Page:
Andrew Youn | One Acre Fund
Fellows work to maximize the impact of their ideas through design. They work through a systematic process driven by the five elements of scalability: real impact, big bang for the buck, lasting behavior change, easy replication, and the right path to scale. Fellows participate in the program for two years, working through several design iterations.
THE IDEA: One Acre Fund
Deliver the elements of success for one acre farmers bundled together: use community groups to deliver training, credit and market access to small-holder farmers
HOW IT WORKS
- Recruit groups of five farmers through existing community organizations
- Provide bulk-purchased farm inputs
- Train group together through crop cycle
- Consolidate harvests and sell to buyers
- Take repayment from farmers to build permanent sustainability
THE PERSON: Andrew Youn
Andrew Youn is MBA business consultant from Minneapolis turned agricultural + microfinance social entrepreneur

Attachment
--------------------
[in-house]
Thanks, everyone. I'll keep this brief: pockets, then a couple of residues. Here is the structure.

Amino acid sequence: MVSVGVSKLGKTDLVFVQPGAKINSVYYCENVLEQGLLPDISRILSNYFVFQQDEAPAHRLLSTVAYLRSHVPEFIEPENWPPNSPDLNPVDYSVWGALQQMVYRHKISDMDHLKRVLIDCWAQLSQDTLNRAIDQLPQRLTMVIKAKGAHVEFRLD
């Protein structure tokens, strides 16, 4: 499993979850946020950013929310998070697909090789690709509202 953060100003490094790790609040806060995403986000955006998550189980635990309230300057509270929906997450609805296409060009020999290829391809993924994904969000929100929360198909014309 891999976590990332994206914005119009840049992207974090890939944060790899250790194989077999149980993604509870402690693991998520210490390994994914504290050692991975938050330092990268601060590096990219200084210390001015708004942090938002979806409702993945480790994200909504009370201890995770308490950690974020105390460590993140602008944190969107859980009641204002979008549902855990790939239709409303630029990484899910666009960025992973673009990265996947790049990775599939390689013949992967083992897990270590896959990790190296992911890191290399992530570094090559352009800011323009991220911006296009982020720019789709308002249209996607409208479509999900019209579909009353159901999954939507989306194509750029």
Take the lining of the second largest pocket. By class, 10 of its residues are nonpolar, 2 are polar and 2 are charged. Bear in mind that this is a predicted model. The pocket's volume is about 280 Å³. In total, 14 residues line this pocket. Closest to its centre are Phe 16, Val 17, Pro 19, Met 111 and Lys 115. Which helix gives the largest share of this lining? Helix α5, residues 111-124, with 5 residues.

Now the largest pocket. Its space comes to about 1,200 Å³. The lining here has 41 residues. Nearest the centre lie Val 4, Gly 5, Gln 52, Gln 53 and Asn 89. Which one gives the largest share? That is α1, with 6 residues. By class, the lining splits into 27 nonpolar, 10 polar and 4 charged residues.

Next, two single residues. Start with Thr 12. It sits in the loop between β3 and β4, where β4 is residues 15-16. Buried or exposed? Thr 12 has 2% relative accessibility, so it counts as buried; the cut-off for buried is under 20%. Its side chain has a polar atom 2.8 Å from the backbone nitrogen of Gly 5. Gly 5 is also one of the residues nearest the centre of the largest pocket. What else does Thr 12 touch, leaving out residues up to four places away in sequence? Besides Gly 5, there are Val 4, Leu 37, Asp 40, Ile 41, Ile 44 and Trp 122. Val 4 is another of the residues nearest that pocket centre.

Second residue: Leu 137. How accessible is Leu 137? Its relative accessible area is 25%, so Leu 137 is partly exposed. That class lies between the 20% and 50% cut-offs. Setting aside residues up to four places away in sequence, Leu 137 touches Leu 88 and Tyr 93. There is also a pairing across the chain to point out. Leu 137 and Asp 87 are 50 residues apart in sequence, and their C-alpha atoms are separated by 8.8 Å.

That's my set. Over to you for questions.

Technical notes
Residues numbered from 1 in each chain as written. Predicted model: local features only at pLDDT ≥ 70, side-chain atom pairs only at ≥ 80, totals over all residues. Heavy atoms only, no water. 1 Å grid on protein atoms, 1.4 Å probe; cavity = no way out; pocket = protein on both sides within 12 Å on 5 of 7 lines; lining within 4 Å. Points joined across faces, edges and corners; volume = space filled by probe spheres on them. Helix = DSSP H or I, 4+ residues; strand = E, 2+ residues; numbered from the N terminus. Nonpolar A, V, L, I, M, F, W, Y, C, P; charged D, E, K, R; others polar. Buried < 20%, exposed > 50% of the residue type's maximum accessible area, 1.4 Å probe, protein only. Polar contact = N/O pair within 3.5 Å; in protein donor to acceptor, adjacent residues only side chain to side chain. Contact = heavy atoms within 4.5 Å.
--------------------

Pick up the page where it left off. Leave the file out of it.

After a close encounter with never-enough-to-eat poverty in rural Africa, Andrew chucked his management consulting job, got an MBA, and started One Acre Fund. Now he lives in western Kenya, where the ramshackle One Acre HQ doubles as a poverty solutions lab for a growing community of overachievers willing to work for nothing.
75% of the poorest people in the world are farmers who have been bypassed by the Green Revolution, the emergence of global markets, and the spread of microfinance. Seeing opportunity in disparity, Andrew Youn started One Acre Fund in Kenya and Rwanda to pioneer a new model for investing in small, rural farmers, much as microfinance has done for small urban businesses. One Acre Fund bundles together what farmers need, providing groups of farmers with training, inputs, technologies, credit and access to markets. One Acre recovers revenue by taking a cut from sales, and projects that at scale they will generate a 100% increase in farm income for less than $33 per family in donor costs. This model, applicable to a host of similar settings, could provide a path out of poverty for millions of farmers.